This week’s news told us that good times are over. “For the time being, at least,” said the Governor of the Bank of England, “the ‘nice’ decade is behind us.”
Of course, just because an economist or a central banker says something, it doesn’t make it so. And when a central banker who is also an economist says something, it should be treated with the skepticism of an airline schedule.
“I am obviously biased, but I find it sad to conclude that the role of serious economists in financial institutions is very limited today,” said Han de Jong, Chief Economist at ABN Amro Bank to the Financial Times on February 21, 2008. “We are little more than clowns, whose purpose is to entertain clients….”
Mr. de Jong is too modest. Economists are essential to the financial industry. They distract the customers while the boys on the sales desks pick their pockets.
We say that not in contempt but admiration; the role of the financial industry – like the contemporary art market or like Las Vegas – is to separate the punters from their money. Economists help them get the job done.
This they did in the last two decades with a variety of gaudy theories. It didn’t seem to matter that the theories were contradictory and absurd. On the one hand, prices were said to move randomly – permitting them to ‘model’ risk and sell extravagant securities. On the other hand, private equity experts and fund managers pretended to know which way the ‘random’ movements would go; they claimed to be able to produce “alpha” – above market returns – on a such a regular basis they could charge “2 and 20” for it.
But while economists are usually wrong about things, the burden of the present essay is that Mr. King is right this time.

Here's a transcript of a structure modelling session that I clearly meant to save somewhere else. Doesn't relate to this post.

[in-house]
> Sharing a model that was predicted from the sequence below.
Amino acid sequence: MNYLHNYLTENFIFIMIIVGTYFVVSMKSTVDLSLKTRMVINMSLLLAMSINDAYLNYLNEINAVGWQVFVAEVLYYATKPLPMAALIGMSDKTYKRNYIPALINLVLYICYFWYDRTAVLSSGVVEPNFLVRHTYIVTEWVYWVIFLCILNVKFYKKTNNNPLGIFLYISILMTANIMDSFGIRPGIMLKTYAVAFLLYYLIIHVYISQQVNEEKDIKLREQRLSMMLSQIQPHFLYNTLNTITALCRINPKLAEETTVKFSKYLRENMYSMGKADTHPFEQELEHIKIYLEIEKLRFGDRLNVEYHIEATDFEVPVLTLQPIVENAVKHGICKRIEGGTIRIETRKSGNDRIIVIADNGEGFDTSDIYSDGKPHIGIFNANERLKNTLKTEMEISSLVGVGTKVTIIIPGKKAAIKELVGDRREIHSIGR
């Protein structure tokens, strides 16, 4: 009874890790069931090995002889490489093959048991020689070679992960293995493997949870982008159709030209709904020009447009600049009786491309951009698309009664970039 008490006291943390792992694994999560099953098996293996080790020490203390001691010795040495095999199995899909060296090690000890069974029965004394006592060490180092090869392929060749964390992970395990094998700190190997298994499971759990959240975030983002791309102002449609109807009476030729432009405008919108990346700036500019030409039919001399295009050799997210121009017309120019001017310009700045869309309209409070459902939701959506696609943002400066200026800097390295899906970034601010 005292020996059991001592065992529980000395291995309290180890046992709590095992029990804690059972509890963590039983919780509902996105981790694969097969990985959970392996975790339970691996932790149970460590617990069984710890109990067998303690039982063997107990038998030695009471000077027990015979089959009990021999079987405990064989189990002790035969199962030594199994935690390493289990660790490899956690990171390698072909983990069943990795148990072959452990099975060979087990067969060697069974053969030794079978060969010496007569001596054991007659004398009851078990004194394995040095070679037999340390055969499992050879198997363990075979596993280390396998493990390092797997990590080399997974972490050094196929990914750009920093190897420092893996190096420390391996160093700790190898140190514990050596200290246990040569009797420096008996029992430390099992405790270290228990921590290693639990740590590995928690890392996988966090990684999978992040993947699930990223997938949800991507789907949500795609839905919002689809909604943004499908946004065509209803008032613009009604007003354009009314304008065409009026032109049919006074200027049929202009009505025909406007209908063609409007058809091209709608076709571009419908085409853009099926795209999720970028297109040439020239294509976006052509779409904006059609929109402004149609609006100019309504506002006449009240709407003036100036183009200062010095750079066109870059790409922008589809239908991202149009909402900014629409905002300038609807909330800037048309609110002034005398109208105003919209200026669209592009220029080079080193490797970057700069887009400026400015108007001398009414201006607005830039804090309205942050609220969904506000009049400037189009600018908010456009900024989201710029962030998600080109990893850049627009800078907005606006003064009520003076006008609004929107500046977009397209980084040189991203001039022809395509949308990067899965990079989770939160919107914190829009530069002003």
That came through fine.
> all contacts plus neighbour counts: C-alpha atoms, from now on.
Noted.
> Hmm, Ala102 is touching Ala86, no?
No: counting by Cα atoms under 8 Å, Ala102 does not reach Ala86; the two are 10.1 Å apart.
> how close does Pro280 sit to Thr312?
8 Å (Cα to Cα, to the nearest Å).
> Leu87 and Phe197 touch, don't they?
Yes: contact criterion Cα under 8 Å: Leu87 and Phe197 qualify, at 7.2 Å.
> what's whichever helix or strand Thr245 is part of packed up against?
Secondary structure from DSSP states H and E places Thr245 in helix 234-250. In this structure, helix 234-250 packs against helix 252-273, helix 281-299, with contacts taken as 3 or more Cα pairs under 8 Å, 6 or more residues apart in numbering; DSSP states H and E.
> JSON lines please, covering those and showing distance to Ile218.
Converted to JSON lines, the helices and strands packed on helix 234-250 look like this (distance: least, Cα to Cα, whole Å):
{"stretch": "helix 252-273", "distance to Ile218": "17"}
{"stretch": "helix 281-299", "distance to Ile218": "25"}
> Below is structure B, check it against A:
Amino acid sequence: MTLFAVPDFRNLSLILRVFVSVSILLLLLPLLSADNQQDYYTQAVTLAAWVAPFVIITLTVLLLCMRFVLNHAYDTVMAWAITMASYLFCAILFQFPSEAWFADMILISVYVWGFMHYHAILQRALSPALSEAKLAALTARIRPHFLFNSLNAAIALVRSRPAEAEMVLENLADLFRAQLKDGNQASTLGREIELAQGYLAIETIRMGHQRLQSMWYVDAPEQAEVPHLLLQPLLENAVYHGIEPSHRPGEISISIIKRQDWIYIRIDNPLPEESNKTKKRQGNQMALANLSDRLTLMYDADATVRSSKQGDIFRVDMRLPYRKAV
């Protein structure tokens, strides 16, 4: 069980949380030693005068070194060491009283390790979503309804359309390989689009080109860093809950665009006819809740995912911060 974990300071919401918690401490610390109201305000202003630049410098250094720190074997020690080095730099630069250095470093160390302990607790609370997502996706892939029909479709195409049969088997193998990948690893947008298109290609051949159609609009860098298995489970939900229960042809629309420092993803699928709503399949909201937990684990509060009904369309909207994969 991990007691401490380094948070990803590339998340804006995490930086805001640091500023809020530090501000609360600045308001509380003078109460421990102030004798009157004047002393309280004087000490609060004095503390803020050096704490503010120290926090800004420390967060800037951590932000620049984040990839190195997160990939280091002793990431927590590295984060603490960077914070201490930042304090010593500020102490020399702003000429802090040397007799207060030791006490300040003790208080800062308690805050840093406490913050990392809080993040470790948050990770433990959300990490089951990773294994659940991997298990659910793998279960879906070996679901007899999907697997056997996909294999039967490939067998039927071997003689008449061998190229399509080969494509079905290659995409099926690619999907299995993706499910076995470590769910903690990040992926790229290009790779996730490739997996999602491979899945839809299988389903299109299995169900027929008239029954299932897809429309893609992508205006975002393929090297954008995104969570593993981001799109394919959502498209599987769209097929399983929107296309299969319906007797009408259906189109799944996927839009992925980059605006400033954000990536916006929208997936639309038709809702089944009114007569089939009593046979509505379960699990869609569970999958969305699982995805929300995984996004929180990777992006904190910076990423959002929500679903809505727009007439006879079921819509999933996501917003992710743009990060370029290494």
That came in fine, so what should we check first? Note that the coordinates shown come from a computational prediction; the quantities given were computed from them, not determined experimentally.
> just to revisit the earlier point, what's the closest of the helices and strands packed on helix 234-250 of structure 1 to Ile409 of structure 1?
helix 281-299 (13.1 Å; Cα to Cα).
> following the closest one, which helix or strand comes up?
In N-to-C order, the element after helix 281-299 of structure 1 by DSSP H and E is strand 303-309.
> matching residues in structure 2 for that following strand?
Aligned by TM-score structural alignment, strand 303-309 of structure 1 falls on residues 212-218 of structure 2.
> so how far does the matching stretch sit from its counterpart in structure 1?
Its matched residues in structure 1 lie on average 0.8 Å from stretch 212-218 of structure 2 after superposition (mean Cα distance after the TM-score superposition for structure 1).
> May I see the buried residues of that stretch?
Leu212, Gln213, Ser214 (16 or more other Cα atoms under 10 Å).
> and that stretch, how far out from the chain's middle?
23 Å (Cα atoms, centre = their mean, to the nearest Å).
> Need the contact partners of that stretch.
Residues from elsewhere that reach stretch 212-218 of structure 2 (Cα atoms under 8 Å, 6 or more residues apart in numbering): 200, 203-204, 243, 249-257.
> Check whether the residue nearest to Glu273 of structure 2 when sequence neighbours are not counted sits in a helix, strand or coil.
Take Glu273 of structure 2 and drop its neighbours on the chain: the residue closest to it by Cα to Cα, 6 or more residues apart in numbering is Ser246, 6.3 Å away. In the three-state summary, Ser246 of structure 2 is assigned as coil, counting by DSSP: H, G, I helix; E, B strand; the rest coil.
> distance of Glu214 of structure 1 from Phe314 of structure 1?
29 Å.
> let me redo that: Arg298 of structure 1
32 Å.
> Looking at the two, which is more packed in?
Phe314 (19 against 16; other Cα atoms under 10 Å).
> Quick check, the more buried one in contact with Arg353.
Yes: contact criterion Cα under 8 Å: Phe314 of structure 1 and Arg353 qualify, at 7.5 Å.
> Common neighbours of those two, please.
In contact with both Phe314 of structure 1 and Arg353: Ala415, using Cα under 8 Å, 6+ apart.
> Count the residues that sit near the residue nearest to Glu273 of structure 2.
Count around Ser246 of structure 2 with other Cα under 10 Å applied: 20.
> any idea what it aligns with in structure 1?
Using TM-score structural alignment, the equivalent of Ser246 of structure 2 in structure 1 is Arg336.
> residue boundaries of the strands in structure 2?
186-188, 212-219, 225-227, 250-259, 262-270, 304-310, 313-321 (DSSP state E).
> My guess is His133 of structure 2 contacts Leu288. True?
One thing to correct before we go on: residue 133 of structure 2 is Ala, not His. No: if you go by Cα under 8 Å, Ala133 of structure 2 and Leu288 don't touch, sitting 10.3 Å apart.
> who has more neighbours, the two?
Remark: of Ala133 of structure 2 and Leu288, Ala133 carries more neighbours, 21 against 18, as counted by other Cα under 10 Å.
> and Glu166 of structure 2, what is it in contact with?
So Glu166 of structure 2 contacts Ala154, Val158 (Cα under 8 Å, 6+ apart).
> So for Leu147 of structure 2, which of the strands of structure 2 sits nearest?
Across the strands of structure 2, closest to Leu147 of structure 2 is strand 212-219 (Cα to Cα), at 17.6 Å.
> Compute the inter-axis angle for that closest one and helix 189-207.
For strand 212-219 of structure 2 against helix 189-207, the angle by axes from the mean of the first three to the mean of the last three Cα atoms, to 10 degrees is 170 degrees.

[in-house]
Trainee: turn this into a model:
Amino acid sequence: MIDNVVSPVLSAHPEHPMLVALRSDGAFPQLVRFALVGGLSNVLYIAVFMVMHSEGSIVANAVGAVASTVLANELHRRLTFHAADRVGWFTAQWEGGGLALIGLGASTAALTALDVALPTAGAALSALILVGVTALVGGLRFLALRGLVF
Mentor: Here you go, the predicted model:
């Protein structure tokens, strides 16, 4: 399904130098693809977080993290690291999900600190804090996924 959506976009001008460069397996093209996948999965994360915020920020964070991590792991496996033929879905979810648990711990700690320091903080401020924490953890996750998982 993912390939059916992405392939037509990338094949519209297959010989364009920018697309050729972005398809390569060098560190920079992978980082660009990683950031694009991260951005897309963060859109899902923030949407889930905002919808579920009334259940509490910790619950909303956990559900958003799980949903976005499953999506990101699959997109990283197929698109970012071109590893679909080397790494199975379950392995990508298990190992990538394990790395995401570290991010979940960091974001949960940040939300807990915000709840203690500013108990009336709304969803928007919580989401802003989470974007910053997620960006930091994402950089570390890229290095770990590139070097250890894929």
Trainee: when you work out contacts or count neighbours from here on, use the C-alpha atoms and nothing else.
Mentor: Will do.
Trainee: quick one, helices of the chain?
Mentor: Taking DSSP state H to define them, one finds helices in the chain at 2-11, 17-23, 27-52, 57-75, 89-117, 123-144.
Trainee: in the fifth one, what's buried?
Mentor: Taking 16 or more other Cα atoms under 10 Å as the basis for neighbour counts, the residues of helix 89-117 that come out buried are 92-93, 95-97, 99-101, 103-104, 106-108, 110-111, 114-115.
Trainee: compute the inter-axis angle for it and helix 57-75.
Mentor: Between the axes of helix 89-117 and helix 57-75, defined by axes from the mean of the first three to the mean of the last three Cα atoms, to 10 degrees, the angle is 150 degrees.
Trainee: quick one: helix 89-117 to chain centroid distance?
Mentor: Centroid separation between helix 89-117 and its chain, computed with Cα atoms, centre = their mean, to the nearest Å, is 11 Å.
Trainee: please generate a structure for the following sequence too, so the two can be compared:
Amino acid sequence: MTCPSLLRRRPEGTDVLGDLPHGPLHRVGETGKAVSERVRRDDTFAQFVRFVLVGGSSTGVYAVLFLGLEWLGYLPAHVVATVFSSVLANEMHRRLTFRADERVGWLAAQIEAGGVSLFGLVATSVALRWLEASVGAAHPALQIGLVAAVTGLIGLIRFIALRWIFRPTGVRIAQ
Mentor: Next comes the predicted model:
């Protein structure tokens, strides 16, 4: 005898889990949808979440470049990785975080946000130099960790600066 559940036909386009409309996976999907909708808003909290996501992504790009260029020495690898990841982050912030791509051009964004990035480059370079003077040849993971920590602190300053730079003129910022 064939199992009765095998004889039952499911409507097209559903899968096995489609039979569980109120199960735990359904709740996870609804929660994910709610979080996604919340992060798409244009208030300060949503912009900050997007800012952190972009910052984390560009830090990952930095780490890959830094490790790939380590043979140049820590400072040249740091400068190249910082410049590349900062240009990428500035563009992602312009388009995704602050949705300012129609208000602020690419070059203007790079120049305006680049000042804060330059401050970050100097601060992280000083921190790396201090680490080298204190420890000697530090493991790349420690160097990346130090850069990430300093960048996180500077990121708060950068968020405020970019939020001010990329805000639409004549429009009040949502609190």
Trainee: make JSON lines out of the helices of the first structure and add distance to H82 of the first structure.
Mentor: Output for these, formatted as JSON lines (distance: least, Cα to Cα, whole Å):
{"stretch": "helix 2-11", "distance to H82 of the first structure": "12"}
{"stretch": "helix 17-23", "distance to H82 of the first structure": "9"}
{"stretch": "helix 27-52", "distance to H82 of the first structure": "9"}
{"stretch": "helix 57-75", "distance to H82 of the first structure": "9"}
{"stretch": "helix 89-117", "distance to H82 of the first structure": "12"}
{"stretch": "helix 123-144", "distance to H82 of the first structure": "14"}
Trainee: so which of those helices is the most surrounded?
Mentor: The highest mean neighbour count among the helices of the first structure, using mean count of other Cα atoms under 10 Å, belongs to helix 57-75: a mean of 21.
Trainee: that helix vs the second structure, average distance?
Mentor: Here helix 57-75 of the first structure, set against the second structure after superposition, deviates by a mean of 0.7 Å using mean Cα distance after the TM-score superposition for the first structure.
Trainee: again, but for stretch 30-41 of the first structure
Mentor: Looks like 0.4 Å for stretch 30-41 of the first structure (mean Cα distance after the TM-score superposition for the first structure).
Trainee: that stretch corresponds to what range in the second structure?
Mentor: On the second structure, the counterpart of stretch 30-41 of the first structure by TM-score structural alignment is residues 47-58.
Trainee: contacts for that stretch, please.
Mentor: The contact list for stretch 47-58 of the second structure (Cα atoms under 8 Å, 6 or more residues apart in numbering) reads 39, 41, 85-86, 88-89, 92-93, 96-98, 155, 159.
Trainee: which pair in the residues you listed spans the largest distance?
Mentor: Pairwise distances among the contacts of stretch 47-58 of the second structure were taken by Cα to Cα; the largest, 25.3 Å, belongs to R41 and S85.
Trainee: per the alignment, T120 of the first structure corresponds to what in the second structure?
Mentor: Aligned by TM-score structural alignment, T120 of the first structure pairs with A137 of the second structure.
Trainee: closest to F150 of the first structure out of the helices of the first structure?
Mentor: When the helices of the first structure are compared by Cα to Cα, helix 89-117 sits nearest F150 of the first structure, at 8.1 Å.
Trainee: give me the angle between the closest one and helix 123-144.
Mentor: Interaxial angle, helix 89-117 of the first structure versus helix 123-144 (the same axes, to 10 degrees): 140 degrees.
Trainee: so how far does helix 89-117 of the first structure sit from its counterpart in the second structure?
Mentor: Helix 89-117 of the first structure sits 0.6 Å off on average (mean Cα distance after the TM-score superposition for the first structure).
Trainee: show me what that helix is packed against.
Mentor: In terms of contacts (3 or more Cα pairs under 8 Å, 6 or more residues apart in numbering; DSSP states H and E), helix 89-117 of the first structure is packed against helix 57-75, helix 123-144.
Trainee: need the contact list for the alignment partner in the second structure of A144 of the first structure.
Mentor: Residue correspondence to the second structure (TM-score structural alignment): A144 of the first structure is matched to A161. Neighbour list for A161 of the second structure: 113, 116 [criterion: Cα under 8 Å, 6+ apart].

Last week, we argued that ‘alpha’ was a mountebank. The financial industry doesn’t often add much value, we pointed out. Instead, fair winds and convenient tides are what usually get investors’ little barks where they want them to go. Most of the results investors get depend upon setting sail at the right hour, from the right place, in other words, not in having a Wall Street hotshot at the tiller. Put an alpha-seeking whiz-kid out in a storm and he’ll sink along with everyone else.
In the 20-year period ’83 to ’03, for example, the price of oil barely moved. Sheep could graze peacefully in the Mideast, confident of being undisturbed. Now, everywhere they go, someone’s setting up an oil rig. The latest figures show oil exploration up 400% since 2000.
Almost a whole generation of investors got nothing from that greasy sector. Then, all of a sudden, in the following 5 years the roughnecks suddenly had money in their pockets and the wind at their backs.
Likewise, in America, you could have held residential housing for 100 years – from 1896 to 1996. You would have gotten nothing for your trouble but leaky roofs and cracked paint; prices rose only as much as consumer prices. Then, the next ten years, a tide of easy credit rushed into the residential real estate market; prices rose 70% in real terms.
Behind both these booms is a story too long to tell here. But the moral of it is simple enough. The average investor makes far more by accident than by fund manager. And here we venture a guess: of all the times and places in which a U.S. investor might hope to get a decent return on his money, this is not one of them.